Carol Truax's book is a different kettle of fish in more than one sense. It naturally features kettles -- or, rather, steamers -- some of much contain fish. So she includes a reasonable recipe for Chinese sea bass calling for -- in addition to the obligatory soy sauce -- a tablespoon of mashed black beans and the same amount of hoisin, sake, or sherry; best to get hoisin, that familiar plum preserve which accompanies Peking duck. You might think from this that Truax has a reasonably sophisticated cook in mind. Think again. She is capable of this mind-boggling intelligence: "Poached eggs are usually steamed in an egg poacher, which has little pockets to hold each egg." Truax recommends serving an individual fish wrapped in foil as (among other things) a conversation piece. It must be a pretty dim party, I thought, if, to get things the host has to stick a dead fish before each of his dinner guests.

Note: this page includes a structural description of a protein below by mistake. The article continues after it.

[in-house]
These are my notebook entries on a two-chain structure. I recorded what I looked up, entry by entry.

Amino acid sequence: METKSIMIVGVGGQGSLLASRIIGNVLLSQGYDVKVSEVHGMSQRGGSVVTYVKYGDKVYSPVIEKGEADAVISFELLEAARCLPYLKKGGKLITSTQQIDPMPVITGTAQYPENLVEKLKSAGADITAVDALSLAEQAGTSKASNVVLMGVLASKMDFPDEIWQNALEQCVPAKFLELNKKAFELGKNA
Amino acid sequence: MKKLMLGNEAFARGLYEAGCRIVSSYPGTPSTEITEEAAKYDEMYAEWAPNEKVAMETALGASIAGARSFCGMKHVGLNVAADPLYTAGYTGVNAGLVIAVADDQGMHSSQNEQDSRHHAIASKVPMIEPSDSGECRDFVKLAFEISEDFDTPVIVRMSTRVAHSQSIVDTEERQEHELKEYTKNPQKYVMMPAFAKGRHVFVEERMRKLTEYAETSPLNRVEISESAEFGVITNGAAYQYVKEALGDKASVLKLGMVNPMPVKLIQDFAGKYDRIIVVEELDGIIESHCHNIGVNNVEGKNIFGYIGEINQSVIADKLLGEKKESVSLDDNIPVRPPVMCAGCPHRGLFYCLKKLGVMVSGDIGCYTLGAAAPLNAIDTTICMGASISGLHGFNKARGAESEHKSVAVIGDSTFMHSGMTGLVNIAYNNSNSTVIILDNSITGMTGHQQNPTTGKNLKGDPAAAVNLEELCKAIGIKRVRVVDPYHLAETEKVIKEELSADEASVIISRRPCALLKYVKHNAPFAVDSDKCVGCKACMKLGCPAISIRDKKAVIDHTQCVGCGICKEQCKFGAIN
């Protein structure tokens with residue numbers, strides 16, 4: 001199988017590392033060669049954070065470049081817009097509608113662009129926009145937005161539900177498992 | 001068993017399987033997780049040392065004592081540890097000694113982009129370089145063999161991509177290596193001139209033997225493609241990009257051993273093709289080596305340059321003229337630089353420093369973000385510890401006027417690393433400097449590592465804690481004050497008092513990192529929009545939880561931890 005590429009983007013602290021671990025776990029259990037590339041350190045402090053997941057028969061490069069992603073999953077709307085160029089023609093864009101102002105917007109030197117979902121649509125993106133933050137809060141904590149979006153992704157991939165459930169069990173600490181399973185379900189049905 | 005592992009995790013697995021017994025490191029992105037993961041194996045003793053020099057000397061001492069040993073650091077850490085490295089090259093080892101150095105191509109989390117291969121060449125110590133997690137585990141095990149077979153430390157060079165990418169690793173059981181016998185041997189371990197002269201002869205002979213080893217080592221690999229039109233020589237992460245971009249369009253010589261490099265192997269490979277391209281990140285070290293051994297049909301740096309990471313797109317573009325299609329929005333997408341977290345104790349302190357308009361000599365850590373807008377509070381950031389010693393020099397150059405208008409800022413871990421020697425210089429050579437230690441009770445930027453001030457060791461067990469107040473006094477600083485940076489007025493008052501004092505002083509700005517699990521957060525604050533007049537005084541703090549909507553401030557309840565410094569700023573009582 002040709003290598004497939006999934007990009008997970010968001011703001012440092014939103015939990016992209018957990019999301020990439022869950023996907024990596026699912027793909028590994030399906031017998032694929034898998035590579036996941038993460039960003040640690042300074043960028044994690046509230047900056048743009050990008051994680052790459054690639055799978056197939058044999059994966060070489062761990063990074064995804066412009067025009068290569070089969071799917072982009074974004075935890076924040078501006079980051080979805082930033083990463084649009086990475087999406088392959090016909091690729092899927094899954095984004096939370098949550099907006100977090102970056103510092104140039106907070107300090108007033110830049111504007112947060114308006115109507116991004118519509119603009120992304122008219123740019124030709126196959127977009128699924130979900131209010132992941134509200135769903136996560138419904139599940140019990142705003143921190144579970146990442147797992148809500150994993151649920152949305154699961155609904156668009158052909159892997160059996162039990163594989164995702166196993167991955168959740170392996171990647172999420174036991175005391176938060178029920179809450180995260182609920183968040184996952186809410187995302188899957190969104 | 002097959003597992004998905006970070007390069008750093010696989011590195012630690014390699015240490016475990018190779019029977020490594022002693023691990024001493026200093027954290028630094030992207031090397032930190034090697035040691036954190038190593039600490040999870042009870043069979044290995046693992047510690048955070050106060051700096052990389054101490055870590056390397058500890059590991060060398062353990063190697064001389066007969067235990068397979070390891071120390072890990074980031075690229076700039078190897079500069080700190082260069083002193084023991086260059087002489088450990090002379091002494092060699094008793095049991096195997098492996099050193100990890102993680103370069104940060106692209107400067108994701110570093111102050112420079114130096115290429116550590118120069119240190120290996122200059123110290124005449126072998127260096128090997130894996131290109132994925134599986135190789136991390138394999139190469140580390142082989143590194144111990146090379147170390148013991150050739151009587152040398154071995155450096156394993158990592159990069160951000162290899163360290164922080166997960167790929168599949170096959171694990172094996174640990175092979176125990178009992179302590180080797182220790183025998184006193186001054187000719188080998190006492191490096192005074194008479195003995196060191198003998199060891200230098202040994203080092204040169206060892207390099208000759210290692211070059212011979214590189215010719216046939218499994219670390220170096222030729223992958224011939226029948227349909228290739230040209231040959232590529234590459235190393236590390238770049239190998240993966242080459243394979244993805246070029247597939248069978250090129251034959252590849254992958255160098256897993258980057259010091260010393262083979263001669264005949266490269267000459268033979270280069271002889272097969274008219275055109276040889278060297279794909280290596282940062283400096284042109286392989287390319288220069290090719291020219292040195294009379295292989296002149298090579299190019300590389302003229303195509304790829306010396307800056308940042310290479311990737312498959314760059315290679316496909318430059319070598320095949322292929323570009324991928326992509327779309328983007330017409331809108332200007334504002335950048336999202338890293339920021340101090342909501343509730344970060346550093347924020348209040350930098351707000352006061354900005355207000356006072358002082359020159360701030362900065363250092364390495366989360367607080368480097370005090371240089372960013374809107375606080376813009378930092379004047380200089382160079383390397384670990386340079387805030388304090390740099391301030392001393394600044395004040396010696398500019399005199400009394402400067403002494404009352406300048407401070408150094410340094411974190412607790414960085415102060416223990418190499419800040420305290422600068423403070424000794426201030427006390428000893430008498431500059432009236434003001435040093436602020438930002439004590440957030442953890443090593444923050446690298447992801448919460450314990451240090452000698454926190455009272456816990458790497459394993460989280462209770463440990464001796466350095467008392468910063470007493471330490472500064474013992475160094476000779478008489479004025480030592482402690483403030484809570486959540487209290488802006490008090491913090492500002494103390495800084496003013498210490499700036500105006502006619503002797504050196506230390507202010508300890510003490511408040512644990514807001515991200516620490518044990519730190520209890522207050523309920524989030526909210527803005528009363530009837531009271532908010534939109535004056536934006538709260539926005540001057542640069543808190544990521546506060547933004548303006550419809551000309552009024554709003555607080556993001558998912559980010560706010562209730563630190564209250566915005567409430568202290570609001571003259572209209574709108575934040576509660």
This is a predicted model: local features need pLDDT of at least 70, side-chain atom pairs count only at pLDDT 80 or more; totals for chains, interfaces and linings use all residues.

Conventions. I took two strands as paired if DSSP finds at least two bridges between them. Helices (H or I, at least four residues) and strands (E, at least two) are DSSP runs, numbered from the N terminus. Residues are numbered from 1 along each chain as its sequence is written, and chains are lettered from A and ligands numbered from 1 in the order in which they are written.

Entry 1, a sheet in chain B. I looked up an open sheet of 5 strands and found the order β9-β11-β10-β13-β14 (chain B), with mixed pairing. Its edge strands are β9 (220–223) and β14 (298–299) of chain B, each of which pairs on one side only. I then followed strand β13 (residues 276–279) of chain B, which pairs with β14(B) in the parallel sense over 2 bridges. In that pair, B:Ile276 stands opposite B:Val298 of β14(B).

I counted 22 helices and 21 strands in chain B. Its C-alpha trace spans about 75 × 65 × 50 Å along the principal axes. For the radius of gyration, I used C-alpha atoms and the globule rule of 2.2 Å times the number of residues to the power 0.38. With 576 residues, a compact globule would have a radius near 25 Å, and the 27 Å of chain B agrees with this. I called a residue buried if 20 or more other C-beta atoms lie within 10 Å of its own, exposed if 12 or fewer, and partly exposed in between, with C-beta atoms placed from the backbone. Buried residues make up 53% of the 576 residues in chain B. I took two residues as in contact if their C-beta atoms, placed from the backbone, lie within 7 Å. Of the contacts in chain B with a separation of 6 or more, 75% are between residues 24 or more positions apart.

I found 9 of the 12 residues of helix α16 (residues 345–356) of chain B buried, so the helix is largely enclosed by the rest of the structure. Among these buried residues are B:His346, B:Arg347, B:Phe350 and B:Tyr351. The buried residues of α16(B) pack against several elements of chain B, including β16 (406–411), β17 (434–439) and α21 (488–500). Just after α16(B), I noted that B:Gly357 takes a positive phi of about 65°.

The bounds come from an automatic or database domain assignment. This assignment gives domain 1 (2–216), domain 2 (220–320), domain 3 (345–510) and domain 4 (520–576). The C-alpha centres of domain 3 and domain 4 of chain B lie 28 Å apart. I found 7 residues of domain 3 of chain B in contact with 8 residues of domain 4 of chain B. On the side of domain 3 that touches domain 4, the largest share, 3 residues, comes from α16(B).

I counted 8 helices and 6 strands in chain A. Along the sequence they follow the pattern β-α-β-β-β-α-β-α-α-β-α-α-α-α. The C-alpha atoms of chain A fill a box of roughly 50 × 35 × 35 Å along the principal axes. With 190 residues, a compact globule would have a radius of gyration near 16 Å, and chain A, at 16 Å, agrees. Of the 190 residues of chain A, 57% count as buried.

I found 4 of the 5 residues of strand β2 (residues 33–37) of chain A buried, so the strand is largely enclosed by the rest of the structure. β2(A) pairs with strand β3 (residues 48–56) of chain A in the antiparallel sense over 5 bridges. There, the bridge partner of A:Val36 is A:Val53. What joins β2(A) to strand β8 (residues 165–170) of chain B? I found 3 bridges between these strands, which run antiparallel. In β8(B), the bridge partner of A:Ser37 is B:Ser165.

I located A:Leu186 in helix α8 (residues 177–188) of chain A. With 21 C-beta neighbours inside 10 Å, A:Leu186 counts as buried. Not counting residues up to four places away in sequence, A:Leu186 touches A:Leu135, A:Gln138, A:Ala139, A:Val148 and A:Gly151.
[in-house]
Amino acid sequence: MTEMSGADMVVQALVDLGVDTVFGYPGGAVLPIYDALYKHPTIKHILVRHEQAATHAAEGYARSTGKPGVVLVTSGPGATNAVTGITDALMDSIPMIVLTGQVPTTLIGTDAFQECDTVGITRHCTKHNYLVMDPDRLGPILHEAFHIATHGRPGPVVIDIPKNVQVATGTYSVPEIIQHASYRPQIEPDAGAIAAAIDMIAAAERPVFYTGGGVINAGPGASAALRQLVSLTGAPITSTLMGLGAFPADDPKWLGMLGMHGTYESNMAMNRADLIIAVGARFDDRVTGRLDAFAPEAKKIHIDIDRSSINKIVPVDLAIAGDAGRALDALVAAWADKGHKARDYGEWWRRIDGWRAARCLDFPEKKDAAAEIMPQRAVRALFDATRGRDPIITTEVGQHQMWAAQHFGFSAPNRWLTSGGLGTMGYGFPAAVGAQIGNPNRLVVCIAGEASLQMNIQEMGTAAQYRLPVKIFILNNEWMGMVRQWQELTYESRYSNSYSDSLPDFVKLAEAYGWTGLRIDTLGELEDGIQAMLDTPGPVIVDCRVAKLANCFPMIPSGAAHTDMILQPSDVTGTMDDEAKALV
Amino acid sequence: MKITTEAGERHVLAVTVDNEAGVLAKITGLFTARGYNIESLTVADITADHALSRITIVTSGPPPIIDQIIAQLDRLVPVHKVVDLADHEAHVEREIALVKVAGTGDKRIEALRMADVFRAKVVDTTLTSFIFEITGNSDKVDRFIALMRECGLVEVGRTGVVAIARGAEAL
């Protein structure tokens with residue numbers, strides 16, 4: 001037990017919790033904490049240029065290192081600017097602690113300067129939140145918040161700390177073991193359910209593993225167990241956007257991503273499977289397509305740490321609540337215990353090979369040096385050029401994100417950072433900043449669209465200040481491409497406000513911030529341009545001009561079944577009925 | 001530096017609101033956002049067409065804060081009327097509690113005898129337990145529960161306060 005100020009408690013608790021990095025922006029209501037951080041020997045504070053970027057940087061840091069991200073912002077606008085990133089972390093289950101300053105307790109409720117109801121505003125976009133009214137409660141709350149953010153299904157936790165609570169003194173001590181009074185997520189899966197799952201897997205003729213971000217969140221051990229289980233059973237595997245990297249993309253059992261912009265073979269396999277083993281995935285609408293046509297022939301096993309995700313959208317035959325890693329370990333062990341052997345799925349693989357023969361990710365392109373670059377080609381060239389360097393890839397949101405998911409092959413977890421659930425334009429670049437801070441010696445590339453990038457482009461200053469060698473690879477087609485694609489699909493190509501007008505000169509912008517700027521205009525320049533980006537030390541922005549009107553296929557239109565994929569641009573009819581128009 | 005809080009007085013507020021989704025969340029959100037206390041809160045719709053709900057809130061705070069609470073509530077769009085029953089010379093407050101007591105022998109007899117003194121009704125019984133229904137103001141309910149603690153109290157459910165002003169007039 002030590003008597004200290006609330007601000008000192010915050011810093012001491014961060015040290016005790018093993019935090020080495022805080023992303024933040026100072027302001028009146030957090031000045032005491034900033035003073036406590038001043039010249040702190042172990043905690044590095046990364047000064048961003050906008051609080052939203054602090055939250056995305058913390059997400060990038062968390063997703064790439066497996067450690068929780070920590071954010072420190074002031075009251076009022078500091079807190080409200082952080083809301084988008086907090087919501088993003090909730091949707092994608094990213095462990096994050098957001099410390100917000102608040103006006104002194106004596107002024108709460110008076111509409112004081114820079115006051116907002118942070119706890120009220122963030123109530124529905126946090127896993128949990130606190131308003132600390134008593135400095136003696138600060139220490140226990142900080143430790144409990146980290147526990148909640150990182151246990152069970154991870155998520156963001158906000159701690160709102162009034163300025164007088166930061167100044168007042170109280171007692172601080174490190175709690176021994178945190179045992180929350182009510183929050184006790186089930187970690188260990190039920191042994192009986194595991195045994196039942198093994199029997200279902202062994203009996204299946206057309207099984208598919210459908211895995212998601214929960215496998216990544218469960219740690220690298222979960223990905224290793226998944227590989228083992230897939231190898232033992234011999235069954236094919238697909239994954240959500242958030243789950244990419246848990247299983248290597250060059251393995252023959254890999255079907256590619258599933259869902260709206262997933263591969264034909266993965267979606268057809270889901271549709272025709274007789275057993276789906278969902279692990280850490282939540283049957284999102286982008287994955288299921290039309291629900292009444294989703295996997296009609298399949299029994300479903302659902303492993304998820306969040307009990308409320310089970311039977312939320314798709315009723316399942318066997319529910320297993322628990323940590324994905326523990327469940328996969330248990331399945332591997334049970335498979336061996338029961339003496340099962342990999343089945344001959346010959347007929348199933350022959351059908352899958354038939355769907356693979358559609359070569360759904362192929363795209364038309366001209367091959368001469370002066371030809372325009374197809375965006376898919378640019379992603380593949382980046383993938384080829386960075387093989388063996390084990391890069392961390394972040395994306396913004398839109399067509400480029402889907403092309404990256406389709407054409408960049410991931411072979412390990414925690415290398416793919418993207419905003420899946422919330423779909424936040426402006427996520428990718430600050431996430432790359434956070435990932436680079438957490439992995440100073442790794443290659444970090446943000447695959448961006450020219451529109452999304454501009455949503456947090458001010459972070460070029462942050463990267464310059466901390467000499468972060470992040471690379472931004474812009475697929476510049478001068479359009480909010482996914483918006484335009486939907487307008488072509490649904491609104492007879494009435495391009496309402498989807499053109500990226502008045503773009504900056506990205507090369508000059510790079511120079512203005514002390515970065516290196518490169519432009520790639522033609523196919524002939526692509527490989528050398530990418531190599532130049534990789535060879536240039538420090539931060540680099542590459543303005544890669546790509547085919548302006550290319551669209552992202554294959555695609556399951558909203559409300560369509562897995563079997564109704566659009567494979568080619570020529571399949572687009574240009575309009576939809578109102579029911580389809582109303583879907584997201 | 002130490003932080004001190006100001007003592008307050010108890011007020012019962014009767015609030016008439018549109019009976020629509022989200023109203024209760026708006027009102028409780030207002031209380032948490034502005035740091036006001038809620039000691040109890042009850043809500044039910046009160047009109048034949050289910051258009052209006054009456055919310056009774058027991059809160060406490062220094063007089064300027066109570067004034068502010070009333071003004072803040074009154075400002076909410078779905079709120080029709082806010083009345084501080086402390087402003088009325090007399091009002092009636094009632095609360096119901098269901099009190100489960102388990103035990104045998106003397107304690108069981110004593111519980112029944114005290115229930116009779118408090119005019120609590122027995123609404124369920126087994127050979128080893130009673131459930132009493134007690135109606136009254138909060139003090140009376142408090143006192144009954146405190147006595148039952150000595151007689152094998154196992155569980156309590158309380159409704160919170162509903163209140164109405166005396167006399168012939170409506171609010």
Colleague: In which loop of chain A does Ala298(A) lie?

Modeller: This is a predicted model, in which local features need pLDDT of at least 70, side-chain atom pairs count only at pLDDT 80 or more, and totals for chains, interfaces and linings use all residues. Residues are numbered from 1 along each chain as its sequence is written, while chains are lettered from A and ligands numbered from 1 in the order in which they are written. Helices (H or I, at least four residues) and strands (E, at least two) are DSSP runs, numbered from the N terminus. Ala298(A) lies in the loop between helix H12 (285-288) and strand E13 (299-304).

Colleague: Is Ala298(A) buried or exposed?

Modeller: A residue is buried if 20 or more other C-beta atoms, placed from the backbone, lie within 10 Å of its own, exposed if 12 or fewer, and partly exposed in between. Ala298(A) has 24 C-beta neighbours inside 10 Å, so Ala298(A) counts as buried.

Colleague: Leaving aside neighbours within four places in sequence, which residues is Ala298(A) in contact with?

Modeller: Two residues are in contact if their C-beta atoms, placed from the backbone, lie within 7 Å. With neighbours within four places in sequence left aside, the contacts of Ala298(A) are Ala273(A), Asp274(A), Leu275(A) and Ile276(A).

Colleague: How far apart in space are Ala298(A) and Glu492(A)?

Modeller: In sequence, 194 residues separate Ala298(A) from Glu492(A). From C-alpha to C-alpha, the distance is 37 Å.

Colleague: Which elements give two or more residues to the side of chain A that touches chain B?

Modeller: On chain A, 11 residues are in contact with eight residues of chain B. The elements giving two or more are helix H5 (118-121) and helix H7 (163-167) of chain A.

The problem is that Truax, despite having over 20 cookbooks to her credit, hasn't a clear fix on her audience, and so she doesn't scruple to patronize. Never mind. Her chapters on fish and shellfish, poultry, game birds and eggs, meats, vegetables, bread and desserts have some nice dishes, although she favors more flour than I like. Among the recipes is one for lamb couscous, and another for the chicken variety. These North Afican specialties, not too readily available in D.C. restaurants, are great favorites of mine. I first sampled them long ago in Paris and again, some years later, in Tunisia. The couscous itself -- crushed wheat or coarsely ground semolina -- serves as a bed for an aromatic stew of chicken or lamb, with vegetables, including chick peas, on the side. When I asked for couscous at my local Giant, the manager told me they didn't have any. They did, however. Moral: never take your manager's word.